Euro 2020: England move one step closer to scratching 55-year itch

Winning a high-stakes knockout match in an international football tournament requires a number of factors to go in your favor. An often underestimated and discounted factor is luck. The best teams will have a lucky break from time to time that often determines their fate going forward. That moment came for England in the Euro 2020 semi-final against Denmark.

The match finished 1–1 and England, who completely dominated the second half of the match before extra time but had nothing to show for it, once again advanced.

Raheem Sterling breaks the line and reaches the penalty area where he is fouled by Joakim Mahele. The referee blew his whistle and pointed to the spot. The Danish players were unbelievable. Contact felt minimal at best.

But crucially, there was contact. This is why a VAR investigation found no clear and obvious error on the part of the on-field referee. The decision was upheld.

Let’s take a minute here to mention the ambiguity that exists in the interpretation of the rules. Yes, that call could have gone either way as the referee is allowed to determine degree Contacted.

That ambiguity can often lead to a different interpretation of the rules. Another referee might have waved play, assuming the contact was minimal – and he would have been correct.

But, as luck would have it, this time the verdict went in favor of England. But wait, that was not all. Kane, usually a confident penalty taker, fired a weak shot past Kasper Schmeichel to the right. As it turned out, England’s luck was not yet over.

The Dane only crossed the ball straight to Kane, who pounced on the opportunity to slam home the rebound. England were next, and there they would stay for the remainder of the night.

England want to go all the way at Euro 2020

The raucous celebration of the English fans and players forgave the spectators for thinking that the deed was already done. Yet, as England and Gareth Southgate know, there is still one final hurdle to cross.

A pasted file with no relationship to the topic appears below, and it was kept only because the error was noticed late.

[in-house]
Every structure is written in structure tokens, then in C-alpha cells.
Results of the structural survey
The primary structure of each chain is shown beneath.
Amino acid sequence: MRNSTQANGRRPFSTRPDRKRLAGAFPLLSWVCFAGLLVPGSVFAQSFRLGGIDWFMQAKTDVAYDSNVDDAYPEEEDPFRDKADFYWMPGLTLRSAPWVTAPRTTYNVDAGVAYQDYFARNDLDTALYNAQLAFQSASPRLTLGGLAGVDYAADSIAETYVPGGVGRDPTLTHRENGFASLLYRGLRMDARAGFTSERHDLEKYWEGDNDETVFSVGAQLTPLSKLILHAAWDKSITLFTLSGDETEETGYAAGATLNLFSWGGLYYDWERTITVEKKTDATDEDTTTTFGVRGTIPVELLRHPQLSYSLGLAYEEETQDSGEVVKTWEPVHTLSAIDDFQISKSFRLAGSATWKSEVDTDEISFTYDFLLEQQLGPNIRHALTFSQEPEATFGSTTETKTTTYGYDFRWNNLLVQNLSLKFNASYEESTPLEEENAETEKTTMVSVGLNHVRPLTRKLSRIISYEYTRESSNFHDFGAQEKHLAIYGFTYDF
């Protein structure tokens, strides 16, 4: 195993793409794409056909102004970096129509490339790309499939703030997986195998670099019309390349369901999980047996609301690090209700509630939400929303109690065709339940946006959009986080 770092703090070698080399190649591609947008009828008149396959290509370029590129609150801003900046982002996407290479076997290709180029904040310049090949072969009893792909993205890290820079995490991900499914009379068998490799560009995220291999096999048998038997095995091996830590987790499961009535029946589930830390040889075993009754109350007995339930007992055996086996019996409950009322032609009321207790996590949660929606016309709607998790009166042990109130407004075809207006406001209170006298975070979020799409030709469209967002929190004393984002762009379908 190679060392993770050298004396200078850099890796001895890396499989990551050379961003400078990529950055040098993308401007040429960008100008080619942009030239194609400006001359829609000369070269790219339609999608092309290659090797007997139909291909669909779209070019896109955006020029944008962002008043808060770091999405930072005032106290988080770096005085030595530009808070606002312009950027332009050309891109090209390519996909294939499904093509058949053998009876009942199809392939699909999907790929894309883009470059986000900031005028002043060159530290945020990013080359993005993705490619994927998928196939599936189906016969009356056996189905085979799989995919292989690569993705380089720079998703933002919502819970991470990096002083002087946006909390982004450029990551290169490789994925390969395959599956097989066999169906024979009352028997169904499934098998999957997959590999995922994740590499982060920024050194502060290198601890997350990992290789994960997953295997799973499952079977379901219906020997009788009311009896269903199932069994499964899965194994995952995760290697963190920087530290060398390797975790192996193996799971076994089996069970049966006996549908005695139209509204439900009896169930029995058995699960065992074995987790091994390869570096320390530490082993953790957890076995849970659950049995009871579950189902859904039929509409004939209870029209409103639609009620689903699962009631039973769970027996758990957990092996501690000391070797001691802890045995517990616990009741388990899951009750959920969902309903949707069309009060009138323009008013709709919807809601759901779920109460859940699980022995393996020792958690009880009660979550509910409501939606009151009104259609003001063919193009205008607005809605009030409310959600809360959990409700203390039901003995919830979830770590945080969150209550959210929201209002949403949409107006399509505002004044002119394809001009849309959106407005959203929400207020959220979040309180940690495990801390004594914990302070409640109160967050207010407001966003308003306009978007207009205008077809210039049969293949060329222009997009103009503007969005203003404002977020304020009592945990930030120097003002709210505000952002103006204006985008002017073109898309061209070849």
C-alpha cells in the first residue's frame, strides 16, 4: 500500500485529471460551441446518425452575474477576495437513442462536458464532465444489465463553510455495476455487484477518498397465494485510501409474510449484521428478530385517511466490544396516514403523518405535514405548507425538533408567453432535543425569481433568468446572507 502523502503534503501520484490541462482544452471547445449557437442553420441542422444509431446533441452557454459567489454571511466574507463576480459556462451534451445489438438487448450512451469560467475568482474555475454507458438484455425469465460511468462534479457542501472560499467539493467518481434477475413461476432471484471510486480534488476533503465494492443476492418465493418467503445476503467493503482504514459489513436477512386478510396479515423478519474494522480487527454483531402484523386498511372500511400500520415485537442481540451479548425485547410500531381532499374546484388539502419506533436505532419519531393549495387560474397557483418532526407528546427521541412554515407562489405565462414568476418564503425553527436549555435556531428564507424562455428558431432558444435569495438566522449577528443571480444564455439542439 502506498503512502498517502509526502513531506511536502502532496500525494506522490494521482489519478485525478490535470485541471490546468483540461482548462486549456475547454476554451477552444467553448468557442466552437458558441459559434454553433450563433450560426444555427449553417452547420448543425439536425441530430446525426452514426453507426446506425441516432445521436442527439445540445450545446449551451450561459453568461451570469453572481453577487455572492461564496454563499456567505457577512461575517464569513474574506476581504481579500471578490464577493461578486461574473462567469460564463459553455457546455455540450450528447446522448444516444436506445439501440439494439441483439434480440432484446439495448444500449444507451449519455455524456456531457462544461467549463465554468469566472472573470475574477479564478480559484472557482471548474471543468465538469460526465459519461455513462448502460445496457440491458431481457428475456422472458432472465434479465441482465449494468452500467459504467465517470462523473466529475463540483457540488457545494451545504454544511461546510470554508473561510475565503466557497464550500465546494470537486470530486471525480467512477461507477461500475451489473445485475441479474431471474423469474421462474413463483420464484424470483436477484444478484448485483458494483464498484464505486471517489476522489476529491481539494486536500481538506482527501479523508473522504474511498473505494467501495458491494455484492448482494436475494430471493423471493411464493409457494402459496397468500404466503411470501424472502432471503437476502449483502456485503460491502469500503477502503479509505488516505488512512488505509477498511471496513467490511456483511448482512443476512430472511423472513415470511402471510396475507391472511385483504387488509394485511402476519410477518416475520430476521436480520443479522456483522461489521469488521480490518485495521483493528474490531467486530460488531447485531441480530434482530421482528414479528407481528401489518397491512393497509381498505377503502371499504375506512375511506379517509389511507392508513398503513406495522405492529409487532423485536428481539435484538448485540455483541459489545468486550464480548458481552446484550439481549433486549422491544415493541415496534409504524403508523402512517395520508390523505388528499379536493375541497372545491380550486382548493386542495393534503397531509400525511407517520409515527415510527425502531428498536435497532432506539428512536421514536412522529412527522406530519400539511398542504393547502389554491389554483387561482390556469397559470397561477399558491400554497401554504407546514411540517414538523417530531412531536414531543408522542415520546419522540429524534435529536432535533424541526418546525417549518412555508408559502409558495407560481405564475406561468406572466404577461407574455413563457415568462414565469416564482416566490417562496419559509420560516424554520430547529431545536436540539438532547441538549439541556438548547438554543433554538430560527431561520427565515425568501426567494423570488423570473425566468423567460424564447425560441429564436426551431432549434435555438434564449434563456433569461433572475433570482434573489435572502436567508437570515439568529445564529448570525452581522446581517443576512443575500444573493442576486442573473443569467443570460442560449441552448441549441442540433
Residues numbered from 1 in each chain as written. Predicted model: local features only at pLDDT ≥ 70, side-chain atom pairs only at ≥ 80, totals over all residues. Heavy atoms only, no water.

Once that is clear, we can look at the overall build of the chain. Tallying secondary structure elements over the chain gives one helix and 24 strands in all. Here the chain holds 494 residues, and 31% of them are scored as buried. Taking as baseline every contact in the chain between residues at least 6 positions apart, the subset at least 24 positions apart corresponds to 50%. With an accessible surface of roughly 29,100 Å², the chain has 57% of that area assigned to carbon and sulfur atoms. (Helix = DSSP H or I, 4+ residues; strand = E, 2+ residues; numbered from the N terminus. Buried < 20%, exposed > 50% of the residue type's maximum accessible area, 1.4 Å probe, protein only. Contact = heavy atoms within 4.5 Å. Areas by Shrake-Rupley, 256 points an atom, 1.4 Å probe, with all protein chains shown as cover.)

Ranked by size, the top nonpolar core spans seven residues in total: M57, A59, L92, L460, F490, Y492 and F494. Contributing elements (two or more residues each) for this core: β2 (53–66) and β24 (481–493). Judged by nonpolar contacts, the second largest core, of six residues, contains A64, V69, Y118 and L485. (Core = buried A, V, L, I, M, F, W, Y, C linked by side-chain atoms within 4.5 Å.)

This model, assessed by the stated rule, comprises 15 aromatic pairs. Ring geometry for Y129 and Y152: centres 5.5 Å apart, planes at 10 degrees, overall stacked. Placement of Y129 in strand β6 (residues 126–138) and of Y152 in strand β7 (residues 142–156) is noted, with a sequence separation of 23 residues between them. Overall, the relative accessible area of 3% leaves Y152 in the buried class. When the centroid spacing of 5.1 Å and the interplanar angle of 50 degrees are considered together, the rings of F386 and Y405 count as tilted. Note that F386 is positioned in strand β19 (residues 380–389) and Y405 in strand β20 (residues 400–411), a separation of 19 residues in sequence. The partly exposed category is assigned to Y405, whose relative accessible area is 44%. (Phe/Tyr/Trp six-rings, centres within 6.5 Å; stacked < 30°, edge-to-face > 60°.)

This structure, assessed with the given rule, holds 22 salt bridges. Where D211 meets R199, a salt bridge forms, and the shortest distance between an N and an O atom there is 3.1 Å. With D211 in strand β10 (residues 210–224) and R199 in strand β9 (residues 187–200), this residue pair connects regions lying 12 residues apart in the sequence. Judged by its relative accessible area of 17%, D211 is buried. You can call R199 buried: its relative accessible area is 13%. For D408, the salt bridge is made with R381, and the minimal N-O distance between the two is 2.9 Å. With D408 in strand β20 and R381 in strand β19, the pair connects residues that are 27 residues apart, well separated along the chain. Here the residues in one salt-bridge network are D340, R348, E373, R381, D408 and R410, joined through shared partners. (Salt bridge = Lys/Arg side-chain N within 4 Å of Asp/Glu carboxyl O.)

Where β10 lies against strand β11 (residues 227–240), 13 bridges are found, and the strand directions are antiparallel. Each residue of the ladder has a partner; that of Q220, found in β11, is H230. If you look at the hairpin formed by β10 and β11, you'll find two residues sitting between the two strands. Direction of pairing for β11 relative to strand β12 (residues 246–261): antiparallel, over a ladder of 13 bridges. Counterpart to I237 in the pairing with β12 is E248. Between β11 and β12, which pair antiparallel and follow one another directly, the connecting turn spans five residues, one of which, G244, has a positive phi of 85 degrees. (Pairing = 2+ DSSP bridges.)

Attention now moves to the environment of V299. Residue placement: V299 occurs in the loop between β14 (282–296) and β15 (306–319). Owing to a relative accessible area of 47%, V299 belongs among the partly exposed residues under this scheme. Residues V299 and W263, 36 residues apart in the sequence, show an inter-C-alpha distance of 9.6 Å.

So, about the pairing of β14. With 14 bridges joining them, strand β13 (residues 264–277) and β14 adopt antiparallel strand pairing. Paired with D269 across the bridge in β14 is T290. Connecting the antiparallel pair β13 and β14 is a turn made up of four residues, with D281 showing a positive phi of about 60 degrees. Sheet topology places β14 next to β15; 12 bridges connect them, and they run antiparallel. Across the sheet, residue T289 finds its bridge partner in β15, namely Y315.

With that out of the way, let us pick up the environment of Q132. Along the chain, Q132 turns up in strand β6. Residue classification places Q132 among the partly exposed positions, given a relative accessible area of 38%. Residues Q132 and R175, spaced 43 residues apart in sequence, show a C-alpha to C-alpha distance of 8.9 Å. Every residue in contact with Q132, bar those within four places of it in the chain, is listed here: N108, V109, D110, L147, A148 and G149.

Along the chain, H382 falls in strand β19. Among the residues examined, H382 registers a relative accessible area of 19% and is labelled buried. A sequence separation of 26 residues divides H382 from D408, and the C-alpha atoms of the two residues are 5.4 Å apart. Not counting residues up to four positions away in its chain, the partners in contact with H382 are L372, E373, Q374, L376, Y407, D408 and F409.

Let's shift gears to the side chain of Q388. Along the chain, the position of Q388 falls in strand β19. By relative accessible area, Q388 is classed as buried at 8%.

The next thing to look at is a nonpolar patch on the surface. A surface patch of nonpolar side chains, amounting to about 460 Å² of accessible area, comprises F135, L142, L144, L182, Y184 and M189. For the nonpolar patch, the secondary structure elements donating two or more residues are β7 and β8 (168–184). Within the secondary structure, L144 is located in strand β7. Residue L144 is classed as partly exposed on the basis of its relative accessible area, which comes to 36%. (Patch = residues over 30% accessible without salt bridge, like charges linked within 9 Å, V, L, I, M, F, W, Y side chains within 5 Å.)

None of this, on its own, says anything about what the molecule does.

English football has a long and storied history of overachieving domestically, but underachieving internationally.

The Premier League is the most popular domestic football league in the world, and a number of English clubs have won European honours. Hell, the current Champions League holders are even English.

Yet he has struggled in international tournaments. No Olympic gold, no European Championships – and just one World Cup, back in 1966.

Incidentally, that home World Cup was the last time England made it to the final of a major tournament, 55 years ago. Thus, in that context, the relief and joy from the semi-final win against the weak underdogs Denmark is understandable.

But the real test is now. England’s road to the Euro 2020 final has been a fun ride, but as the old saying goes, the better the ending of a movie.

And the final chapter of this tale sees them coming up against a formidable foe that is undergoing a mini renaissance of its own – Italy.

The final will be as much a battle of wills as it will be about strategy. Italy not only went through extra time but required a penalty shoot-out to defeat a valiant Spain. There will be tired legs on both sides.

Yet it is also worth noting that Italy has won a lot of tournaments on the international stage. They are four-time world champions, one-time European champions and as recently as 2012 reached the final of the Euros.

For England, the motivation is different.

Can the England Football Team Break the Duck?

The 2000s have been all about English international teams in sports coming up with the times and winning. The England men’s rugby team won the Rugby World Cup in 2003 and were runners-up in 2019.

The same year the rugby team finished second, the men’s cricket team broke their long-standing World Cup stranglehold, beating New Zealand in the final so closely that they would never top it again.

The England football team is in a similar mold. There is talent, and always has been. It’s just a matter of getting the best out of the individuals – as a team.

The men’s soccer team has so far shown signs of doing the same. Now they are one step away from writing a new chapter in the history of English football.

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